Last Thursday, I paid homage to my late father-in-law Dan Mausser on his birthday. Ttwo days later – it would have been his wife Judith – my late mother-in-law’s – 71st birthday as well. I would like to share the eulogy that I wrote about my friend Judith Mausser.
If you had told me that, almost seven years after we lost my father-in-law, Dan, I would be standing here today praising Judith’s memory…I would have said you were crazy. Even if you told me last year, I would not have believed it.
In my mind, Judith had a way of defying the odds…she was superwoman. After getting some negative feedback from her medical advisers last year, she persevered. She got married and became a newlywed again. She traveled to Europe and spent two weeks at a tennis camp and then – to everyone’s astonishment -- she returned to her cabin and summered on Lake Mary in Mammoth Lakes. A place that was very, very special to her.
I’ll never forget her description of the first night she spent at that cabin. She and Dan bought it after looking at several cabins in the area. At that time, it was not the Shangri-La that it is today but she was so excited to make it her own. In LA, she packed up her car with supplies and the family dog, Bentley, and made the 6-hour pilgrimage up to the mountains.
|Oma & Shane|
Upon arriving, she said she had her work cut out for her. Chipmunks and mice had been living in the empty cabin that was built in the 1800s. She broke out her cleaning supplies and got to work. When it started to get dark, being self-sufficient, she made herself a martini and ate a sandwich, walked the dog and bunked down with a sleeping bag. She said it had been one of the longest nights of her life. She still had a few little furry friends visit her and, since there was no electricity at the time, a middle-of-the-night restroom run was a bit unnerving.
However, in the morning, as the sun rose up over Lake Mary, she knew she was home. And, Judith went on to make that old cabin a showcase home and one of the most wonderful places to be.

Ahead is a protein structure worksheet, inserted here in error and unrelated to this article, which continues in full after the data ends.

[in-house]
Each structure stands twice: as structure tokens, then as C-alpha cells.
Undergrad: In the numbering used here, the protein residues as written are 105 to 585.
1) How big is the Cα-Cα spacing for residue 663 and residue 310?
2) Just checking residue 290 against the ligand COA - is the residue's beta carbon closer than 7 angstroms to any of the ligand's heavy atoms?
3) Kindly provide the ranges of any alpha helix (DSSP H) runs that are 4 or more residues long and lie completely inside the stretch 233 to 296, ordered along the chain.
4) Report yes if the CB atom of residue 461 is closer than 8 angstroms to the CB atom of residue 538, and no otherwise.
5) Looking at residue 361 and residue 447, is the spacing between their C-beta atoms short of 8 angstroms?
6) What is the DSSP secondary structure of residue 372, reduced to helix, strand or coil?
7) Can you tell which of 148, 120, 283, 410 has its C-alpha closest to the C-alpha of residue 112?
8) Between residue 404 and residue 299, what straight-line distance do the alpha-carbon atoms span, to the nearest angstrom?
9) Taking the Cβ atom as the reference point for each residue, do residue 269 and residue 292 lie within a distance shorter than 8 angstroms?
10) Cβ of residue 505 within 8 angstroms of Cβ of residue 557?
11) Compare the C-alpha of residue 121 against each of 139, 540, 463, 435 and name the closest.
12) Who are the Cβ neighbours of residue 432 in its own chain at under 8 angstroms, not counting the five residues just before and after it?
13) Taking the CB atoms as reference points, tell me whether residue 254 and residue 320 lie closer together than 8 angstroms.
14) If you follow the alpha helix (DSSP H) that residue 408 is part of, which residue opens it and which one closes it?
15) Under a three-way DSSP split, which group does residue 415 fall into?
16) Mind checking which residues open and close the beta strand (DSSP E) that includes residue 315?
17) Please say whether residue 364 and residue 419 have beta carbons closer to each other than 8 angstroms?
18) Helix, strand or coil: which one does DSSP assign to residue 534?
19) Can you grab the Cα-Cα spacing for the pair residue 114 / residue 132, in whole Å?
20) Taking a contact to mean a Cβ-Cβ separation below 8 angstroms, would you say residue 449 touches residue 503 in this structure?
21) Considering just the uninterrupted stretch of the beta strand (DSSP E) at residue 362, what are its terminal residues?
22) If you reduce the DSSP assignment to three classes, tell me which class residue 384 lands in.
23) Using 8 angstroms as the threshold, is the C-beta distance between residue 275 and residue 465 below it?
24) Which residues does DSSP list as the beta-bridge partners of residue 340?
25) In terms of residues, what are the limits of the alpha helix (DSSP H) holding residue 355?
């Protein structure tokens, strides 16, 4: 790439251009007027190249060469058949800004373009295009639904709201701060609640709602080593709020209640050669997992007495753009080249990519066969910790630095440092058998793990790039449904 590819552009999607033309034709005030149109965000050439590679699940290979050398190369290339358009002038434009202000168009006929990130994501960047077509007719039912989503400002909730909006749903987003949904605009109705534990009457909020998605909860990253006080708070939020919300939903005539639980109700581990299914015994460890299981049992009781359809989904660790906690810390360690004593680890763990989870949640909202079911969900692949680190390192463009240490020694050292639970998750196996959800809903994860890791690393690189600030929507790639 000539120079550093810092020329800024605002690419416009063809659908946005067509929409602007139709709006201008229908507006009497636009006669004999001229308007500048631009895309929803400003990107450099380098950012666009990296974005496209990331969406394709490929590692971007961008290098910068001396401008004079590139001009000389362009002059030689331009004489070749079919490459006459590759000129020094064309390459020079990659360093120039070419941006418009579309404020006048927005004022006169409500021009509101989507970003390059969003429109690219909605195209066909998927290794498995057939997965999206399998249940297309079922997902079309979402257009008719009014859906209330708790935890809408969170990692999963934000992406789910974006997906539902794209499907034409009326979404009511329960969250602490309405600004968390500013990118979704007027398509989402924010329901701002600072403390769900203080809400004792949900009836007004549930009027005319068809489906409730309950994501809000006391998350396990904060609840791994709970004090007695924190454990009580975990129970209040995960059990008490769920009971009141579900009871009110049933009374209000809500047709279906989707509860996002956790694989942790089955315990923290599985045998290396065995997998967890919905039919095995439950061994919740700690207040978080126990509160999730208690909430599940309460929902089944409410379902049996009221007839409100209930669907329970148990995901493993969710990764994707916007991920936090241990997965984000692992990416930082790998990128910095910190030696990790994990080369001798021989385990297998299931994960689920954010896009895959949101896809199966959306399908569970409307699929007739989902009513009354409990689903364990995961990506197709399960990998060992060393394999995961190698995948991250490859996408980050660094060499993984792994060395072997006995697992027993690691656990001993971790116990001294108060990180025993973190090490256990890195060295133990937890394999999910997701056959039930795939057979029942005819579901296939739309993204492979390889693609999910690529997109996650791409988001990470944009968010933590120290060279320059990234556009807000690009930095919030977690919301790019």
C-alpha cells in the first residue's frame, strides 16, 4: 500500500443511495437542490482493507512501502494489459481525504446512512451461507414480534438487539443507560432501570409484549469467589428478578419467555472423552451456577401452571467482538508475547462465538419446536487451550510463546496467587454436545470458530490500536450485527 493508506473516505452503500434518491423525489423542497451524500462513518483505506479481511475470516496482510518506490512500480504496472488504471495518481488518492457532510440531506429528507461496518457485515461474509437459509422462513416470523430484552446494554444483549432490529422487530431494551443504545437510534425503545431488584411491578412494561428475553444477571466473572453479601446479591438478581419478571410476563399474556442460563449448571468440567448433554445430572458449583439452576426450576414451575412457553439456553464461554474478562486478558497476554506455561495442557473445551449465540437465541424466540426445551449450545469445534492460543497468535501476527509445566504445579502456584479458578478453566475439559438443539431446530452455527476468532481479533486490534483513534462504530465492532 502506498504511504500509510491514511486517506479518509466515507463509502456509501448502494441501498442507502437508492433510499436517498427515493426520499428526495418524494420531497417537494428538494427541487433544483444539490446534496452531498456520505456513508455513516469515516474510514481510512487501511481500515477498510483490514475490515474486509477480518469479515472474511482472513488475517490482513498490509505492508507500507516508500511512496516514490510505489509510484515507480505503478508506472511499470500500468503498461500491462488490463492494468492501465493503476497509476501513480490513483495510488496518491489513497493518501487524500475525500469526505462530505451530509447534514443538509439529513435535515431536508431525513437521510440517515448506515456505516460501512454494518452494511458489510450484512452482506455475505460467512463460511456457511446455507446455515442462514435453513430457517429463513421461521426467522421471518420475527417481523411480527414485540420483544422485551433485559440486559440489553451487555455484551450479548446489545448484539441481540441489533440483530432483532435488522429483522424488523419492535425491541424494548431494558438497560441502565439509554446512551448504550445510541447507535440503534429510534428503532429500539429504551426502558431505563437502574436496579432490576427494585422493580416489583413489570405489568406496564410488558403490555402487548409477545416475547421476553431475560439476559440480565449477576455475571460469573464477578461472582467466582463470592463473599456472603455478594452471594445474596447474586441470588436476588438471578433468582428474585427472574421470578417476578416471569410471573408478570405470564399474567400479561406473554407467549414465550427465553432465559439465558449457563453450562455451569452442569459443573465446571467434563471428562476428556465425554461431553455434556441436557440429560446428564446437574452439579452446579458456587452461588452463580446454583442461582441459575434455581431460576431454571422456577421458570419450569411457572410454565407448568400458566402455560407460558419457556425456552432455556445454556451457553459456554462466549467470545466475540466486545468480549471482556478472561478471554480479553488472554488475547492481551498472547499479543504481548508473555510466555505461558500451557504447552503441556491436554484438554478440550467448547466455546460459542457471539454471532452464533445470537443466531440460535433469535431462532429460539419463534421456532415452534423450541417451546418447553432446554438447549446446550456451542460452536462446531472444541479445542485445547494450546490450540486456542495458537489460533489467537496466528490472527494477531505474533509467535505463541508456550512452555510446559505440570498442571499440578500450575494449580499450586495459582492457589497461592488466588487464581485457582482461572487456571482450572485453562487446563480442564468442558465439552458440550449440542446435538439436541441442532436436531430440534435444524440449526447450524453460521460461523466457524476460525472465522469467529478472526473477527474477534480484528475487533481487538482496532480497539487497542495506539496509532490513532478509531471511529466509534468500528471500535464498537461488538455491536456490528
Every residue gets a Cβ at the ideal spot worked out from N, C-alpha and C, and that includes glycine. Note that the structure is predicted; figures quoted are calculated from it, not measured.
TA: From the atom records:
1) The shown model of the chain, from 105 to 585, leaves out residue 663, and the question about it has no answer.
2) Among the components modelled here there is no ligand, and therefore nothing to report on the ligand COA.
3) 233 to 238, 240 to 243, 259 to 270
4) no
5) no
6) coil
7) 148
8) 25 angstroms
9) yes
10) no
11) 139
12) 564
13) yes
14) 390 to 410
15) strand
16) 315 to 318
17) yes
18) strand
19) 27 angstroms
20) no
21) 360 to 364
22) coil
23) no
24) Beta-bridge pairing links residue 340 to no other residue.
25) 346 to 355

After almost two decades of living up there, she became a ferocious mountain woman who could hike for miles and miles in the Sierra Nevada Mountain range with her trusted dogs in tow – all five feet of her standing on rocks waving and yelling to keep the bears at bay. But she was also so sophisticated; a demure lady who dined at the Bel Air Hotel -- sipping Kir Royales.
Judith had a certain élan and a way of making everyone feel special, especially me.
In a modern world, our mother and daughter-in-law relationship was not stereotypical – we did things together. We would go on long hikes, ride bikes, garden together, dance and she spent countless hours helping me find the perfect wedding dress. She was my friend and I miss her very much.
Judith taught me so many things such as: to always be glamorous; always wear lipstick; always use a hankie; and always eat hamburgers off the china especially if it’s accompanied by a glass of champagne in the crystal. But, most importantly, she taught me to be strong in my convictions no matter what.
Lastly, she also gave me some of the greatest gifts in my life…her son Jason and my sisters, Dana and Diana; and their families.
|Oma & Shane|
It makes me so sad to know that Judith won’t be able to watch our son Shane grow up, but I am glad to know that he had three years with her and, even though we help to shape his memories of her because he was too small, it does help to keep Judith’s legacy alive.
Oh, Judy, there’ll never be
Anyone else, dear, but you
--Elvis Presley, Judy